Loss of Rationality: Kant, Consumerism, and Democracy


My current read is Net Privacy: How We Can Be Free in an Age of Surveillance, written by Sacha Molitorisz, which is unexpectedly intensely philosophical in its approach. At little over the halfway mark, whilst it seemingly hasn’t answered the question posed by the subtitle, it has still been a fascinating book that I would recommend. Although I do intend on writing a piece on it relating to the commodification of data and privacy, here I want to jump on a bit of a tangent. Molitorisz references Immanuel Kant a number of times, and it is one reference to “rational beings” that I am homing in on.

Because in the modern world, Kant’s rational beings are seemingly dwindling.

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The Age of “Free” Information: Is It Falling, Or Did It Never Exist?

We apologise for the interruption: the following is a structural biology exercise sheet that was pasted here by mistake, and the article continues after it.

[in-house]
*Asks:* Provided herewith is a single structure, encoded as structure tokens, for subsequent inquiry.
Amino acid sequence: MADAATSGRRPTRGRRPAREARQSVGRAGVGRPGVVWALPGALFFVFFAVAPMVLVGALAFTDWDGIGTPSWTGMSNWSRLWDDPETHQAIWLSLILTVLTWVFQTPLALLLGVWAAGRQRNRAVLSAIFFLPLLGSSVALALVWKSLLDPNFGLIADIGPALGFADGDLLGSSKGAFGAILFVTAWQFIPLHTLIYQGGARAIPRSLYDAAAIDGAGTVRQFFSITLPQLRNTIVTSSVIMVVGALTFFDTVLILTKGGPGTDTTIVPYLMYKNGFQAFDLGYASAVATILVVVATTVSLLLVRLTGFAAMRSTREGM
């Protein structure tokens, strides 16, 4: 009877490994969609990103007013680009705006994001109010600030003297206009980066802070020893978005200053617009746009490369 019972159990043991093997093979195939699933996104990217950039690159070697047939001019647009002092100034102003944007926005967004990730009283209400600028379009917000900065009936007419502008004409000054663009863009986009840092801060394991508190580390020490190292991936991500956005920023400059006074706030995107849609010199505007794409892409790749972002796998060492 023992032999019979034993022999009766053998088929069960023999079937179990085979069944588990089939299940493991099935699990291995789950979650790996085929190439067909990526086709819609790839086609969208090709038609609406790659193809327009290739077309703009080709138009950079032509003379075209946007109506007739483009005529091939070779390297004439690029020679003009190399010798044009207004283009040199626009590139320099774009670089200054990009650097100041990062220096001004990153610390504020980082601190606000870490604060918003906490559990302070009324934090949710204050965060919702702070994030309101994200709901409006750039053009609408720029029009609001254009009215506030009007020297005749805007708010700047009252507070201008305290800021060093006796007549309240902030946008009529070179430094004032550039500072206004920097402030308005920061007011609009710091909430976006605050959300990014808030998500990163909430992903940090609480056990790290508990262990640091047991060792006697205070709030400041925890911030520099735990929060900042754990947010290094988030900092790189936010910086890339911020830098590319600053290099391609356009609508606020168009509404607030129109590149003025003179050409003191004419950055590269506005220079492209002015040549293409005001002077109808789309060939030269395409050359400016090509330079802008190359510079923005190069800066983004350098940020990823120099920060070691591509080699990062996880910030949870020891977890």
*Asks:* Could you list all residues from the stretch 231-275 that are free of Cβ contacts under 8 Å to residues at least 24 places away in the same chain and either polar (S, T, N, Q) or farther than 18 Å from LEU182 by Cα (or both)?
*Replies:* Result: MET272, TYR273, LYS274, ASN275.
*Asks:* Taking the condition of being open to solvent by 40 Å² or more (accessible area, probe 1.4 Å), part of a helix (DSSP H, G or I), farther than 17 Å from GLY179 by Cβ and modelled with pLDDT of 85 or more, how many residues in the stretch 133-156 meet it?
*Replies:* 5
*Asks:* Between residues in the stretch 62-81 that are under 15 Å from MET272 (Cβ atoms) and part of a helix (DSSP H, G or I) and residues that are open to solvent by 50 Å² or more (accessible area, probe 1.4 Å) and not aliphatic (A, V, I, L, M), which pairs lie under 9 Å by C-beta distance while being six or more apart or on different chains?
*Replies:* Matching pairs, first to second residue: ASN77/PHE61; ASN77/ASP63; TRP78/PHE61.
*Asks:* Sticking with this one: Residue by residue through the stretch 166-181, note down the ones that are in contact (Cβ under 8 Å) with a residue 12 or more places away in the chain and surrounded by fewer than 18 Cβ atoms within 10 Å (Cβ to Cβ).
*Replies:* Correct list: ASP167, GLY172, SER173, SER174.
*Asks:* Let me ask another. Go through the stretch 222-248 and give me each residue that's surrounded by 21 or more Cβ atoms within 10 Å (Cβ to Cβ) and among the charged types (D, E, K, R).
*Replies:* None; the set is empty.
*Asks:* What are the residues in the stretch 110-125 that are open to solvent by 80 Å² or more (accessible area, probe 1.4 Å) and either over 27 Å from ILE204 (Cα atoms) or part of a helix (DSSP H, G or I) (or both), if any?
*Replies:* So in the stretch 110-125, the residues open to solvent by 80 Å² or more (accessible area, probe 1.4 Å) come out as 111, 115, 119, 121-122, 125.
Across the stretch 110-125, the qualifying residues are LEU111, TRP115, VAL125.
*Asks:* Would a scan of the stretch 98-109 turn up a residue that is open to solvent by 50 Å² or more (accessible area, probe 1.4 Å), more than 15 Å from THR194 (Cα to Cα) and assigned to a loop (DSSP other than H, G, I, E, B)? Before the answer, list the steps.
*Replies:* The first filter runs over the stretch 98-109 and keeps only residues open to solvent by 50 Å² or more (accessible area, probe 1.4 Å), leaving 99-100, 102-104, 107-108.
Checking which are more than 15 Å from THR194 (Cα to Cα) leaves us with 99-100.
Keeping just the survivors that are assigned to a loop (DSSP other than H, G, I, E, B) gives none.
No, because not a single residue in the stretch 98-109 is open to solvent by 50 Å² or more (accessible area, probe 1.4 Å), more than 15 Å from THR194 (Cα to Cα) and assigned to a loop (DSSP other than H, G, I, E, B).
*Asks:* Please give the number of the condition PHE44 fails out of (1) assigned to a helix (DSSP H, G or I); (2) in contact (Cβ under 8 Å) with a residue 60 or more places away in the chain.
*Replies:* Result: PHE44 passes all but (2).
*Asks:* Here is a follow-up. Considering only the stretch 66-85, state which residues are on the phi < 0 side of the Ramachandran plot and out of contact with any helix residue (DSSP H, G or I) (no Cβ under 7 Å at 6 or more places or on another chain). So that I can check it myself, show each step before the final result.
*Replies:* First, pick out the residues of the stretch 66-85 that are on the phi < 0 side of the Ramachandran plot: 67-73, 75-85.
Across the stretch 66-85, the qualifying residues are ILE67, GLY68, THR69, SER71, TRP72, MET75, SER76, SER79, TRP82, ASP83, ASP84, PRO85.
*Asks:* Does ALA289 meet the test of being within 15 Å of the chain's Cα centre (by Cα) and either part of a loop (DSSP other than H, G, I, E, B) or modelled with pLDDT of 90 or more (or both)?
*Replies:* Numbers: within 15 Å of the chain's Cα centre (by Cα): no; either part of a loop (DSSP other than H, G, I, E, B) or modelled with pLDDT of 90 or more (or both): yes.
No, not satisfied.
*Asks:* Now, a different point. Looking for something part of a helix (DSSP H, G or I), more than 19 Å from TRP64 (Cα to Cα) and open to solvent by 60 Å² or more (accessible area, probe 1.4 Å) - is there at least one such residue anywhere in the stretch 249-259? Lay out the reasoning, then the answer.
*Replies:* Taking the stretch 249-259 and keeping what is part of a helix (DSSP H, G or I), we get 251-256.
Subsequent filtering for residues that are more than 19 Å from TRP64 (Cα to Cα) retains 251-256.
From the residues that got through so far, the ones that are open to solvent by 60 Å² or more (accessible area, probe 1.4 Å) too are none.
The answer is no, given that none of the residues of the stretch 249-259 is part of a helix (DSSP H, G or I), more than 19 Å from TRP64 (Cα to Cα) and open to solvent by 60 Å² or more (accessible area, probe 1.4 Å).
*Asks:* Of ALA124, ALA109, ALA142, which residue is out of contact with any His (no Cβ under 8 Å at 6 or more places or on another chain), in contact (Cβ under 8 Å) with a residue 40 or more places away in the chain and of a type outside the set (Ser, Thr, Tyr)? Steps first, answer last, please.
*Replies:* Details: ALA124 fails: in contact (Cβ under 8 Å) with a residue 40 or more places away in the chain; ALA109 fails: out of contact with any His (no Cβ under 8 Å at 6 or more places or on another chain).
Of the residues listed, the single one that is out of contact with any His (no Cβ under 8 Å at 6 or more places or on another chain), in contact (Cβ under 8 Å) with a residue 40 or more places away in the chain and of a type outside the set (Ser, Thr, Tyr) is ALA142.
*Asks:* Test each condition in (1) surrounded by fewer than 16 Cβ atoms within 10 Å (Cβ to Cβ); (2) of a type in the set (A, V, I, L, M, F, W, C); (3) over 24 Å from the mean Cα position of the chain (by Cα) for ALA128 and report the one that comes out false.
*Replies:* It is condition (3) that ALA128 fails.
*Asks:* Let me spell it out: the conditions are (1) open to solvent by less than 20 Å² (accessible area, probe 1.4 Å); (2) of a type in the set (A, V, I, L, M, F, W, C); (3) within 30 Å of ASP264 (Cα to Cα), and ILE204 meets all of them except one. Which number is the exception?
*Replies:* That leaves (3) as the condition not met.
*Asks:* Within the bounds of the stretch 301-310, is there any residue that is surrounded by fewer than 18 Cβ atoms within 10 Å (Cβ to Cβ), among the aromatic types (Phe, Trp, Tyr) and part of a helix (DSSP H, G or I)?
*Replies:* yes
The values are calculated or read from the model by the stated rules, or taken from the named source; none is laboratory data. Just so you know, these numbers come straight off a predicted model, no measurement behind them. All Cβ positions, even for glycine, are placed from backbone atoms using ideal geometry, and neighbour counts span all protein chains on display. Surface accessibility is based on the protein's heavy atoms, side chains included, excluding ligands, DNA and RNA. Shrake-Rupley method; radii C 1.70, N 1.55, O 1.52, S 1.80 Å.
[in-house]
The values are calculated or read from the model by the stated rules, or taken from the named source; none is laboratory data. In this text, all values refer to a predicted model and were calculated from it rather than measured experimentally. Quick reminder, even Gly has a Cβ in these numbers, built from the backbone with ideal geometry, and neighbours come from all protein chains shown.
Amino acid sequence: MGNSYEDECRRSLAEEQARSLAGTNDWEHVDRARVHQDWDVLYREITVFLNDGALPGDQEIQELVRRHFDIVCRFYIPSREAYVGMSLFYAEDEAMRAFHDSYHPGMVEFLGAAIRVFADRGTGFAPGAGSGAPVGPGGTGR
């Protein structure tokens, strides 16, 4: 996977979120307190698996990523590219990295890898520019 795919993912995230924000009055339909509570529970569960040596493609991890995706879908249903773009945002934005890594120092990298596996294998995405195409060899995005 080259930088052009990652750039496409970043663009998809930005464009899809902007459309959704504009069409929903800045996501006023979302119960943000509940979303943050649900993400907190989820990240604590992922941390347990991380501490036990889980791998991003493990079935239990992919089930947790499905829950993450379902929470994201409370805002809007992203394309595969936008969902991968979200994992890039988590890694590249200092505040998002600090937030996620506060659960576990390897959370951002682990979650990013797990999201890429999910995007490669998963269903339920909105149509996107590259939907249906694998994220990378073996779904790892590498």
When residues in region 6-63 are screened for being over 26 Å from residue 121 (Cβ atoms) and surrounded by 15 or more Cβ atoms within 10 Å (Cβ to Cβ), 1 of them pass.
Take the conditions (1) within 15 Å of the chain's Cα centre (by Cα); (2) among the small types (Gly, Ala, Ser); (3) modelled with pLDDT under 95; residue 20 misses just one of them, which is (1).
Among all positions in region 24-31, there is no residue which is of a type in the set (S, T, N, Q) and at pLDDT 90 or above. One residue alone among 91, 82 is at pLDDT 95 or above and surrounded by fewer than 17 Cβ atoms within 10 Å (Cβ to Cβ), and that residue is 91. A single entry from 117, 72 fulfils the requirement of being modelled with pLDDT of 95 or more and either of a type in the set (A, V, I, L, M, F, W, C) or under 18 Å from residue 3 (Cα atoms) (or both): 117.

A newspaper’s primary source of income has been advertising since the beginning. Papers are not free to produce, and they had to make money somehow. With the introduction of the internet, a lot of information, including journalism, has become more readily accessible, and for a long while was free. But can a site that makes its money from corporate advertising really be considered “free”?

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